National courts play a key role in the enforcement of European competition policy.
- some courts have jurisdiction over lawsuits between private parties, such as actions relating to contracts or actions for damages;
- some act as public enforcers (e.g. in Finland, Ireland and Sweden);
- and some act as review courts, hearing appeals which are brought against decisions of the national competition authorities.
Regulation 1/2003 gave national courts a wider role to enforce Articles 101 and 102 TFEU in full.
If national courts apply national competition law, they also have to apply EU competition law where there is an effect on trade between Member States.
See the section on "Antitrust damages actions in Europe" to learn more about the work of the Commission regarding private enforcement of competition law.
Cooperation with the Commission
The Commission is committed to assisting national courts and to build on the duty of sincere cooperation provided for by Article 4(3) of the Treaty on European Union (TEU).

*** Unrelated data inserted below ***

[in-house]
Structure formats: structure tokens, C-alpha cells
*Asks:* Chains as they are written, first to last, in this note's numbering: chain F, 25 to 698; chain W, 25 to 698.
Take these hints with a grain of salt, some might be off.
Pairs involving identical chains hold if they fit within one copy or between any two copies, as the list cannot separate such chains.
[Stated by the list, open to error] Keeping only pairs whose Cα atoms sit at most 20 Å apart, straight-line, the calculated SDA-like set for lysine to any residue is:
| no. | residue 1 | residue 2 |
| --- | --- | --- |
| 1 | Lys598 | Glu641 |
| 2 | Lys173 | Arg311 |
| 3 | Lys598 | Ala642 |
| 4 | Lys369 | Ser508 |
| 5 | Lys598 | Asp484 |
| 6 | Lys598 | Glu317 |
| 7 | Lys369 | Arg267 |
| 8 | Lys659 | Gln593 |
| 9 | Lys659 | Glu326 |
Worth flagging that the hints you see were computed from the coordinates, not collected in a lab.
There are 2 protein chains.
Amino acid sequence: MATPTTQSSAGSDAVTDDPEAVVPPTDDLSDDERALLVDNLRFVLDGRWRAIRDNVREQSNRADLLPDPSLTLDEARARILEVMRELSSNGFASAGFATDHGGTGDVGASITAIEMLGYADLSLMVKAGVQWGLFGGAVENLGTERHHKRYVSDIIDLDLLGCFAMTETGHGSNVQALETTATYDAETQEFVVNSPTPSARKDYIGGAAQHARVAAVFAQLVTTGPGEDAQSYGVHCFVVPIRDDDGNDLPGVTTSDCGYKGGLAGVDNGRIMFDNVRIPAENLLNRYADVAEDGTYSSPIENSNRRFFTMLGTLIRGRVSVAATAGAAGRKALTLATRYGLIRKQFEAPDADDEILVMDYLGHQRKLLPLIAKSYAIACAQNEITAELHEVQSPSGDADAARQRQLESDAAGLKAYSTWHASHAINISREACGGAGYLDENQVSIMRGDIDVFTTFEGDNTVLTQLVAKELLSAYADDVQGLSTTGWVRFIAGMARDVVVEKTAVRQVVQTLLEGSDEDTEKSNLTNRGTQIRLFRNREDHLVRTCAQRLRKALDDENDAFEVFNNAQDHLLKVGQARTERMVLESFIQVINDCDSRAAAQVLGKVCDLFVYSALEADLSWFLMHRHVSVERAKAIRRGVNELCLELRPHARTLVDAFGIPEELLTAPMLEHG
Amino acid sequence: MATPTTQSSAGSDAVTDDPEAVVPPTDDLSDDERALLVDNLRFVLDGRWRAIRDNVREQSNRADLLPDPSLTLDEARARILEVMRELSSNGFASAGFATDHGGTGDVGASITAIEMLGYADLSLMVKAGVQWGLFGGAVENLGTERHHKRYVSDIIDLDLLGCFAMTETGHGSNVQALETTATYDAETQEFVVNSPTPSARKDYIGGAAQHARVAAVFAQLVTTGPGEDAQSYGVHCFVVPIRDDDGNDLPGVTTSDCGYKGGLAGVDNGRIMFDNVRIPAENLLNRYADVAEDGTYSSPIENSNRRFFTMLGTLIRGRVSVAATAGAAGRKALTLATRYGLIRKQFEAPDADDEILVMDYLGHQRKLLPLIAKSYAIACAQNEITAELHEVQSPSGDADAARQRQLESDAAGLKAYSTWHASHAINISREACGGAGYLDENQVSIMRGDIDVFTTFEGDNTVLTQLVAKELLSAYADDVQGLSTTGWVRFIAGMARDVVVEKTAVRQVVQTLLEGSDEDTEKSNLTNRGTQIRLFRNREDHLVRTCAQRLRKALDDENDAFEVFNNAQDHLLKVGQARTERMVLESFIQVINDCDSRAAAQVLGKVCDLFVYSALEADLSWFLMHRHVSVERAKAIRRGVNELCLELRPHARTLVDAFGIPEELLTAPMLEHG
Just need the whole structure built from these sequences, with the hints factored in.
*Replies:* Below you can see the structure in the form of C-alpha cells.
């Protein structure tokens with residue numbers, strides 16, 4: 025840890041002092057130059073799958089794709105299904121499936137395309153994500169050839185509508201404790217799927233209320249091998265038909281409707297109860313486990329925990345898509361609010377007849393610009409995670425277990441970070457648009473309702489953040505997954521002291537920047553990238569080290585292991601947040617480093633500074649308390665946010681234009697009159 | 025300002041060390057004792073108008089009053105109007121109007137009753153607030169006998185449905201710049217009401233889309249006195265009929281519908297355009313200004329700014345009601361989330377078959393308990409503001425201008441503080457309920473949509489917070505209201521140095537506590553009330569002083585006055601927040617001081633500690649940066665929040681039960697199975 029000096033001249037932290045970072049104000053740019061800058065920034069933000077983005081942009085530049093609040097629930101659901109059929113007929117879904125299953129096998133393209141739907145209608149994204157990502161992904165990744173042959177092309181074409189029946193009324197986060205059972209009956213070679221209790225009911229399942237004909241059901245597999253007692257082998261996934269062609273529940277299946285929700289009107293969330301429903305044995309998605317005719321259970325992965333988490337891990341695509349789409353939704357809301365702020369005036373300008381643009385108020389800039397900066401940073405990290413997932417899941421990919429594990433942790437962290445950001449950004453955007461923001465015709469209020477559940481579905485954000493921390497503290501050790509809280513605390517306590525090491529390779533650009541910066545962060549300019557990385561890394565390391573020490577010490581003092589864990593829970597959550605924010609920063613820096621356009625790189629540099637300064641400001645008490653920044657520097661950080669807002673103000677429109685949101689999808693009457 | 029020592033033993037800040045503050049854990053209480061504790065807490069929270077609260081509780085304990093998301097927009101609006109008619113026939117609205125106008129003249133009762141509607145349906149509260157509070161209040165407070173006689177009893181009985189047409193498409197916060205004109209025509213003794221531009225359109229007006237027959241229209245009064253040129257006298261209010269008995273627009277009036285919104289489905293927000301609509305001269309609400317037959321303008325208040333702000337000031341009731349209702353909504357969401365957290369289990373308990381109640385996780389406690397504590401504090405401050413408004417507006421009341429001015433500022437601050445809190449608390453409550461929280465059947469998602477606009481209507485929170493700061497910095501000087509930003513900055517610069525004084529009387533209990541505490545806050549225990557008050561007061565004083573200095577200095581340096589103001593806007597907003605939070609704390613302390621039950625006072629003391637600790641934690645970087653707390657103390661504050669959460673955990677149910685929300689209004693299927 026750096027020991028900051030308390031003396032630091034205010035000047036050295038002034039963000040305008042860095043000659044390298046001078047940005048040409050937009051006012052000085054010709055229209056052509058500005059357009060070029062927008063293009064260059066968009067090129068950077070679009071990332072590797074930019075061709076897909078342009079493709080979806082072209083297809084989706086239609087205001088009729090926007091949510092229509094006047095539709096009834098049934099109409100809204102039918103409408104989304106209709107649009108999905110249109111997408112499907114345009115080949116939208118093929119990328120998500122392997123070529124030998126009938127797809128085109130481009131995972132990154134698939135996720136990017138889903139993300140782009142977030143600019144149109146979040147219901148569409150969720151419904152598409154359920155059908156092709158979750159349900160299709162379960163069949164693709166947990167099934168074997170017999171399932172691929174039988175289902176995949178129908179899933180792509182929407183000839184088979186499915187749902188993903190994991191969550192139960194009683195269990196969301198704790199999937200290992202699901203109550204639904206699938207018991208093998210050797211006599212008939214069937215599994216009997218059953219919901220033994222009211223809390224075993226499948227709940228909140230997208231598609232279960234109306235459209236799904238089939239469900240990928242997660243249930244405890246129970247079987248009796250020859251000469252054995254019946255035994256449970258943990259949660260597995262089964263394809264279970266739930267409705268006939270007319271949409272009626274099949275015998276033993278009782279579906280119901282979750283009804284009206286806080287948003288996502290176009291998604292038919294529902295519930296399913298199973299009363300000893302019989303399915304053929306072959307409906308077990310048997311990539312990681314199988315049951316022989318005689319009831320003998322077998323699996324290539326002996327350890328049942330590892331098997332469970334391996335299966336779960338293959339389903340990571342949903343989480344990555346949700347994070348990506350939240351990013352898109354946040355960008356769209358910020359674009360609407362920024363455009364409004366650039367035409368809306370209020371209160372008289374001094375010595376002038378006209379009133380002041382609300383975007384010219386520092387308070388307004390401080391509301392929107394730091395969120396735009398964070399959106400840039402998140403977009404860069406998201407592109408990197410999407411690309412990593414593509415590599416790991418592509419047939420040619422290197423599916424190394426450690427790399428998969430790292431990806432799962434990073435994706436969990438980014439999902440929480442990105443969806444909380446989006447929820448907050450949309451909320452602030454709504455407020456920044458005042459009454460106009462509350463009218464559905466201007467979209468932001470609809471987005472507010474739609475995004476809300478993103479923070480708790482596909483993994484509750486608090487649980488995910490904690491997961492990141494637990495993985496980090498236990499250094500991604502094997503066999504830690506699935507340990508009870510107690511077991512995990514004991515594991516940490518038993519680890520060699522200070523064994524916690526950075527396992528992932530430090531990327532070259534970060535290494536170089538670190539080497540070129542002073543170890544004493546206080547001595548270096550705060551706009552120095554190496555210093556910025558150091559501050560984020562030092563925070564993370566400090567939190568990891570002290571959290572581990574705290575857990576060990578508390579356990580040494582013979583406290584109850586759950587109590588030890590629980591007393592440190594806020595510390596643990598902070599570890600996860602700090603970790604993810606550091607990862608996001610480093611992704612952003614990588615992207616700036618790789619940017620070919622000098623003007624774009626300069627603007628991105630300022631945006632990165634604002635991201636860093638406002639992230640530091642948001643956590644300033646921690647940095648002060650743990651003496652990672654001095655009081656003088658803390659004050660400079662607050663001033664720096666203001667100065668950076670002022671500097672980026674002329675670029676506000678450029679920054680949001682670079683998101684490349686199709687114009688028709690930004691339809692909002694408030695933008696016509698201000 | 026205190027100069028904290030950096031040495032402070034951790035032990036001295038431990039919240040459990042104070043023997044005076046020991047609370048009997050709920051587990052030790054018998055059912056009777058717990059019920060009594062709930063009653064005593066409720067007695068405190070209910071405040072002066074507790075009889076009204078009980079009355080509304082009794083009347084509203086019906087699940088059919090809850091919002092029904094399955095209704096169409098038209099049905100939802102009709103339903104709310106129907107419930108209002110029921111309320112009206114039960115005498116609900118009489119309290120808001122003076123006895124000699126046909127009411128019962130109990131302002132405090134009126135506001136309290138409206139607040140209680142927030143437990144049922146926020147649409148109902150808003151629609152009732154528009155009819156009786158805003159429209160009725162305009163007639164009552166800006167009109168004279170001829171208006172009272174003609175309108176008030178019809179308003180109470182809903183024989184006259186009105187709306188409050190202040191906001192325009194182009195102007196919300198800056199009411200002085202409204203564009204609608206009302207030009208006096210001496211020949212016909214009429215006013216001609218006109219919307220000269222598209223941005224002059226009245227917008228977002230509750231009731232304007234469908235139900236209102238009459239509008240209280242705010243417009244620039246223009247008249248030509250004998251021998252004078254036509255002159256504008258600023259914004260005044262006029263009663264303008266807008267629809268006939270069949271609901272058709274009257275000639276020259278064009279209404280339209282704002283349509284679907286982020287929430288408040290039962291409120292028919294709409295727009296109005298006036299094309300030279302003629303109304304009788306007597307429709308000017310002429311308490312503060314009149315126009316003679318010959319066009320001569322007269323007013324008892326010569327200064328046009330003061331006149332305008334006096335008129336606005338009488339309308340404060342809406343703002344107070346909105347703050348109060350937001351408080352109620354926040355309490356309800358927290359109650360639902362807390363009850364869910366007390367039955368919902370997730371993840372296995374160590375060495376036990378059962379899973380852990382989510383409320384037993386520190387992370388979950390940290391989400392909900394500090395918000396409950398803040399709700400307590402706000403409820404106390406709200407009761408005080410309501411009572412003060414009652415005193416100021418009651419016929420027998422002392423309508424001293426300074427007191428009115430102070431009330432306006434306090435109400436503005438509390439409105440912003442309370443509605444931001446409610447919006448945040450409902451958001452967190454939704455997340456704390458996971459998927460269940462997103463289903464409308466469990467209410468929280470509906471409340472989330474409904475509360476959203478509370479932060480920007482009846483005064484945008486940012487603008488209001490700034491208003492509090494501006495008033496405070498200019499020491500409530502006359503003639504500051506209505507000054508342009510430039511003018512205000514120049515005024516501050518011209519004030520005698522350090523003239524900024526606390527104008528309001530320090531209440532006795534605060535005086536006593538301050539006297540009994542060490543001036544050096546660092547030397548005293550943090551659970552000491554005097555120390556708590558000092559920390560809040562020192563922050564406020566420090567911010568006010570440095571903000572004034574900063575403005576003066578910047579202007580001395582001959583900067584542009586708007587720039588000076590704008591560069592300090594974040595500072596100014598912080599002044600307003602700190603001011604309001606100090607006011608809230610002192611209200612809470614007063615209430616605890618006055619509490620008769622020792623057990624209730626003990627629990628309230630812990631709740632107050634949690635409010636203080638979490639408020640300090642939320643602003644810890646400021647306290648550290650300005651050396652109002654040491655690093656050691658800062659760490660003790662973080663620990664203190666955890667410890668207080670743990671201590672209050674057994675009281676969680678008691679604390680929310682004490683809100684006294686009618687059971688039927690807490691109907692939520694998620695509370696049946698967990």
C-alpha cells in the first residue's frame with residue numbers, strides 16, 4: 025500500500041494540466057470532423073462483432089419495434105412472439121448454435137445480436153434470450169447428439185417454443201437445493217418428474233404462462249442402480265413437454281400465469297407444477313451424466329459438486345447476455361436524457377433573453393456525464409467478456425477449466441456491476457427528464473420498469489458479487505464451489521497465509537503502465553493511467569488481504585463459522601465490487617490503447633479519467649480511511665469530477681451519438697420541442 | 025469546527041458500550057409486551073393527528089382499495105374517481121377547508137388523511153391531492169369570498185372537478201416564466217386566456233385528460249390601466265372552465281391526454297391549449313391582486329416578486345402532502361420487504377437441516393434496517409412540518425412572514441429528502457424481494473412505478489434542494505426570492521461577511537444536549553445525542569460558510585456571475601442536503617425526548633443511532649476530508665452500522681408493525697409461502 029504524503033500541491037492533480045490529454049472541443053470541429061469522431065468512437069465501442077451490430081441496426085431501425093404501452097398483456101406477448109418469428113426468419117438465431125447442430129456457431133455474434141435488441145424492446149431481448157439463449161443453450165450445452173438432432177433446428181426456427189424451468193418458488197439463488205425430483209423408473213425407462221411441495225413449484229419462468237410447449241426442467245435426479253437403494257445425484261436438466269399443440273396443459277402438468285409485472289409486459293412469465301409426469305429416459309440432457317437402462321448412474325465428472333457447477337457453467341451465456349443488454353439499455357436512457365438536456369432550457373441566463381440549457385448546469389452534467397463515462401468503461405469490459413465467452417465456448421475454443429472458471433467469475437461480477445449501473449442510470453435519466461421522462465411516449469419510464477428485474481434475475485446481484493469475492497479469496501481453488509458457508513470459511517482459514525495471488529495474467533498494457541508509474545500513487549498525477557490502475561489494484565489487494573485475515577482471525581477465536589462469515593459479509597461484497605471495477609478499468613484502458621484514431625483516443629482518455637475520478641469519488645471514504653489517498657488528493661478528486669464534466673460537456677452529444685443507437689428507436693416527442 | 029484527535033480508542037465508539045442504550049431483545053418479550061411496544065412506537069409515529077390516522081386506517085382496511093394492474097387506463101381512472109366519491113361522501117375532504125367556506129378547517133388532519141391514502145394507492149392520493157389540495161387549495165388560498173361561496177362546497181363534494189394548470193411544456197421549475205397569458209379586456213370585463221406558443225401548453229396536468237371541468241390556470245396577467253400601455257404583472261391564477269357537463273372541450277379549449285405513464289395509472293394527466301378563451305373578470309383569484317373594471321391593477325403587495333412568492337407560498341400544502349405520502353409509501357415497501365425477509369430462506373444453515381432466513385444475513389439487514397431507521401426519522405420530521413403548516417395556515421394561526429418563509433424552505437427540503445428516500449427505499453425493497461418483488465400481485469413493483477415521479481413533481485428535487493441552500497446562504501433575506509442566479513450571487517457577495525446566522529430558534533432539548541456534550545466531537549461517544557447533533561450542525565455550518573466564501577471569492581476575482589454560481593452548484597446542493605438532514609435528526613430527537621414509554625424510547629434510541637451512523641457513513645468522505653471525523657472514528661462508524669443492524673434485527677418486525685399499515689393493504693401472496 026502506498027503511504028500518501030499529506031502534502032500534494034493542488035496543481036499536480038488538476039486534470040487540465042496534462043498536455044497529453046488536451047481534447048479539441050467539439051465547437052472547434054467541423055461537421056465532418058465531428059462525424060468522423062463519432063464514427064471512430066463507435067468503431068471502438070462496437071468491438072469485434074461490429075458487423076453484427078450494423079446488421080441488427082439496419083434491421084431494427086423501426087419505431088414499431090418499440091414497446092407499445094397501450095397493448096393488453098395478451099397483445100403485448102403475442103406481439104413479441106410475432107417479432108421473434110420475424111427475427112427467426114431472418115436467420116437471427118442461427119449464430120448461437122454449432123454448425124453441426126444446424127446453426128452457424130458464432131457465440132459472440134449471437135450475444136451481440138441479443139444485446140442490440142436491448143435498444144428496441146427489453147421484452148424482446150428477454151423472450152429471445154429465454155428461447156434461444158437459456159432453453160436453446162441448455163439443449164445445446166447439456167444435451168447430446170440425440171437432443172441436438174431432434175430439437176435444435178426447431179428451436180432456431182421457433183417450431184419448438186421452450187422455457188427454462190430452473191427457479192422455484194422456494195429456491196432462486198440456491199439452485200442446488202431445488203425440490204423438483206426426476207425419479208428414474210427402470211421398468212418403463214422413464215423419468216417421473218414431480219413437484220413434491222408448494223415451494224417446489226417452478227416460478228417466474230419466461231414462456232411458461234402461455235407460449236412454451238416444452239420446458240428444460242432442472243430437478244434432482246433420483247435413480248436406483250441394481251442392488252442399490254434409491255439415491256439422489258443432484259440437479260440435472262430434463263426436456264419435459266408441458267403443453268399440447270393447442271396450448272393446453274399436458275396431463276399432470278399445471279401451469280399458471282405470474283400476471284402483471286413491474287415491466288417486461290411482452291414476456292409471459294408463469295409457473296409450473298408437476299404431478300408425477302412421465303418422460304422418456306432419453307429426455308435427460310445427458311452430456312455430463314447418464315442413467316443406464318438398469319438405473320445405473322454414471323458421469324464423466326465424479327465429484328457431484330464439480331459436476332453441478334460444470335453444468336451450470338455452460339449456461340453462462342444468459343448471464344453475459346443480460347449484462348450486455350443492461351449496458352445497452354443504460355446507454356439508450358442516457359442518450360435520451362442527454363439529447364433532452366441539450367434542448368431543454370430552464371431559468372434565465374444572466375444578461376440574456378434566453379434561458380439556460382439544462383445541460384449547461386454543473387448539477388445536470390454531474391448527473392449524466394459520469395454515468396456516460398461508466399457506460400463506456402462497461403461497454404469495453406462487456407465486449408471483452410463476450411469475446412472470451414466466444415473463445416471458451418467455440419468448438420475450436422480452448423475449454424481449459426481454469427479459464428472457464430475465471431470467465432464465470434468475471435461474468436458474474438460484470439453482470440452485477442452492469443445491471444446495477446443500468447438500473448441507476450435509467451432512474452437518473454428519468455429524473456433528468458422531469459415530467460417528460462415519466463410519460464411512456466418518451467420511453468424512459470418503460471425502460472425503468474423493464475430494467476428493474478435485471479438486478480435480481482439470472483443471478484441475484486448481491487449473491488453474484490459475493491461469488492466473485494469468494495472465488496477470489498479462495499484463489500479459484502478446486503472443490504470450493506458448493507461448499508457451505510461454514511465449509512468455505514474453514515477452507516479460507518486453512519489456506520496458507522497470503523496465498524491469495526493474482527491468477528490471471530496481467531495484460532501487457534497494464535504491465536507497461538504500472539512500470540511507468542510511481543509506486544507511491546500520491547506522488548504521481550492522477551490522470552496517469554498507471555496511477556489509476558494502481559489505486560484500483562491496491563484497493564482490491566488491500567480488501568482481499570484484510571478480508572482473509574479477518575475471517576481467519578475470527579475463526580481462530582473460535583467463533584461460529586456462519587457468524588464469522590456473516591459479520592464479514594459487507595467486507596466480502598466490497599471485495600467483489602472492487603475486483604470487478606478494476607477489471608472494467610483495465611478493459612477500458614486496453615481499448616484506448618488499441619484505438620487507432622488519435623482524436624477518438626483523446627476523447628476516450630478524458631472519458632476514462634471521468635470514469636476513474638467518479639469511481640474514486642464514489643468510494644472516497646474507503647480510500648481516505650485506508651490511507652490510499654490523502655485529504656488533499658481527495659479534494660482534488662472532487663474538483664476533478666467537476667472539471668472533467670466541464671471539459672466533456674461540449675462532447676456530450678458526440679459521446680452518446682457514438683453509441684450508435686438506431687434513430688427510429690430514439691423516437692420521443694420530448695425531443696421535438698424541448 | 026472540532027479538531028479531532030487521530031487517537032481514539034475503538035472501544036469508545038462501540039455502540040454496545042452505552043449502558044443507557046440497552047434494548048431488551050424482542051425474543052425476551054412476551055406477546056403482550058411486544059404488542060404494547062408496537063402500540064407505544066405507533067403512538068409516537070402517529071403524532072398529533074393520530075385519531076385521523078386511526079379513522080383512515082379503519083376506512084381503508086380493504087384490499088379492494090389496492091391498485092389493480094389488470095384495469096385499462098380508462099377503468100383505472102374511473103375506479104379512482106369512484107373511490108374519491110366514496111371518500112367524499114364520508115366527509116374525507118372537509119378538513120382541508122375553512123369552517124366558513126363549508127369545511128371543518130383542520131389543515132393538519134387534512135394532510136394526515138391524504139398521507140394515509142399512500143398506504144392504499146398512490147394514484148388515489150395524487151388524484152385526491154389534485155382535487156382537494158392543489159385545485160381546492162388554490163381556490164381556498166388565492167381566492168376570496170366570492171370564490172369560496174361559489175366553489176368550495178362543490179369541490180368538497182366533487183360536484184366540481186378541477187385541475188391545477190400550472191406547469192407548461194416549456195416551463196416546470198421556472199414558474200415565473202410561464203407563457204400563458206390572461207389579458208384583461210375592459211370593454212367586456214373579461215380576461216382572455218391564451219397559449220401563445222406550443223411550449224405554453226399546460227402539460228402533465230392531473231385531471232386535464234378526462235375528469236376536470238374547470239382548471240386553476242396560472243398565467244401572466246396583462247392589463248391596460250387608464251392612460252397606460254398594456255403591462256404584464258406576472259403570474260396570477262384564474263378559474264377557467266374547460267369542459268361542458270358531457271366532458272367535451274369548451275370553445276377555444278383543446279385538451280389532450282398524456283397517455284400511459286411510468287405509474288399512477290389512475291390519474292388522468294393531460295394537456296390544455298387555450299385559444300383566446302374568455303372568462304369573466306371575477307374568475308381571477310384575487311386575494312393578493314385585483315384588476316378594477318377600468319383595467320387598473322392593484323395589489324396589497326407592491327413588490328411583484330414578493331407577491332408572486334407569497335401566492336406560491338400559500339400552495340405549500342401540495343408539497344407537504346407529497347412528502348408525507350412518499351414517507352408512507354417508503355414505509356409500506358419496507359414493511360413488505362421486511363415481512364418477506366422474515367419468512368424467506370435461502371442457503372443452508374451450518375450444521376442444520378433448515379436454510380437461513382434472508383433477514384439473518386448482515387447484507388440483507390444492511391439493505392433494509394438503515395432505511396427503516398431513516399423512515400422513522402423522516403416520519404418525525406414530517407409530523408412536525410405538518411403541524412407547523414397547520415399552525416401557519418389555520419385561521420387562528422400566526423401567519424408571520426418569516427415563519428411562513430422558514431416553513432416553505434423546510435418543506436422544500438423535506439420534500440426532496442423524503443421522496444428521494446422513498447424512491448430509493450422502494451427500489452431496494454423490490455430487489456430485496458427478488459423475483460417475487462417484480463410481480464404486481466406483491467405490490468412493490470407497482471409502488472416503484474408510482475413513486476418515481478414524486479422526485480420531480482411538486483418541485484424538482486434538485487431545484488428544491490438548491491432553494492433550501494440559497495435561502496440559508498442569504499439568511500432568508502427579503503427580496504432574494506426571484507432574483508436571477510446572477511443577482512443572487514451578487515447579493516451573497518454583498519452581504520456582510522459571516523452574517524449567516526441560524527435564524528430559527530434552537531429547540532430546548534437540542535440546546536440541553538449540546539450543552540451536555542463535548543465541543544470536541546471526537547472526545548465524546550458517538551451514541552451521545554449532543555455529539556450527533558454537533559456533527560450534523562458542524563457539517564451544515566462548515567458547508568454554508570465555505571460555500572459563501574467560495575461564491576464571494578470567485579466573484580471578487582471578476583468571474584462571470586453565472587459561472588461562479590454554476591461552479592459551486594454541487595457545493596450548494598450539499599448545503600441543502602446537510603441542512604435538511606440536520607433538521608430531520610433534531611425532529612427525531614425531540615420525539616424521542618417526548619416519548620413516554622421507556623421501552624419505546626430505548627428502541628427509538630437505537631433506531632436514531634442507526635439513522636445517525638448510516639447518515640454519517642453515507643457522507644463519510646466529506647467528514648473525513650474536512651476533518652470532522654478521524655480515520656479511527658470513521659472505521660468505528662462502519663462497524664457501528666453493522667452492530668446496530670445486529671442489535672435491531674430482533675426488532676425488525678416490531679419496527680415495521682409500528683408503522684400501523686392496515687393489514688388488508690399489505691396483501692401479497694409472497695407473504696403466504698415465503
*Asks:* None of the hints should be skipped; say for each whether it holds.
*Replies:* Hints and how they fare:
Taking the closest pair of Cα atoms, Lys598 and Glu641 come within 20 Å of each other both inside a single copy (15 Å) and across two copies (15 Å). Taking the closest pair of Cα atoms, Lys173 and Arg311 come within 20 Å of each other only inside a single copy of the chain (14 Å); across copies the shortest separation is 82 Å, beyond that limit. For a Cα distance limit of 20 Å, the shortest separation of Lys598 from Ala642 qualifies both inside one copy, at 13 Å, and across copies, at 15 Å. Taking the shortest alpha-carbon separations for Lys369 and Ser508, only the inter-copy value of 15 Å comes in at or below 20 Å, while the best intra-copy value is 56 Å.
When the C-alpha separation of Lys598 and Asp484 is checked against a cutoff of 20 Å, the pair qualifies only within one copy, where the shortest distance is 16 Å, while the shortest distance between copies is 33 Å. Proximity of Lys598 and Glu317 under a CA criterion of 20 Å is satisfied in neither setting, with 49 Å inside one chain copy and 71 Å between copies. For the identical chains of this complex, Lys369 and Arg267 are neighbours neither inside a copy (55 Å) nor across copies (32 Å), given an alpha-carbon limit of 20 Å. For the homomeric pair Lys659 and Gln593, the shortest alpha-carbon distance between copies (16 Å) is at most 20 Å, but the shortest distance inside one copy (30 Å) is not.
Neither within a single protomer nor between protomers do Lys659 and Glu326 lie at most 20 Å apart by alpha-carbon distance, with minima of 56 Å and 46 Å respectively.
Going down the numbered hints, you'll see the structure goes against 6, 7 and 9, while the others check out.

See the Commission Notice on the co-operation between the courts of the EU Member States in the application of Articles 101 and 102 TFEU (consolidated text as amended in 2015)
Article 15 of Regulation 1/2003 expressly provides for the most frequent means of cooperation. The Commission can:
- transmit information in its possession or of procedural information;
- give its opinion on questions regarding the application of the EU competition rules; and
- the Commission (and national competition authorities) can submit observations to national courts as amicus curiae.
Article 15(2) of Regulation 1/2003 obliges national courts to submit to the Commission a copy of any written judgment where Article 101 or Article 102 of the Treaty has been applied.
The Commission also operates a grants programme dedicated to the training of national judges in EU competition law and judicial cooperation between national judges.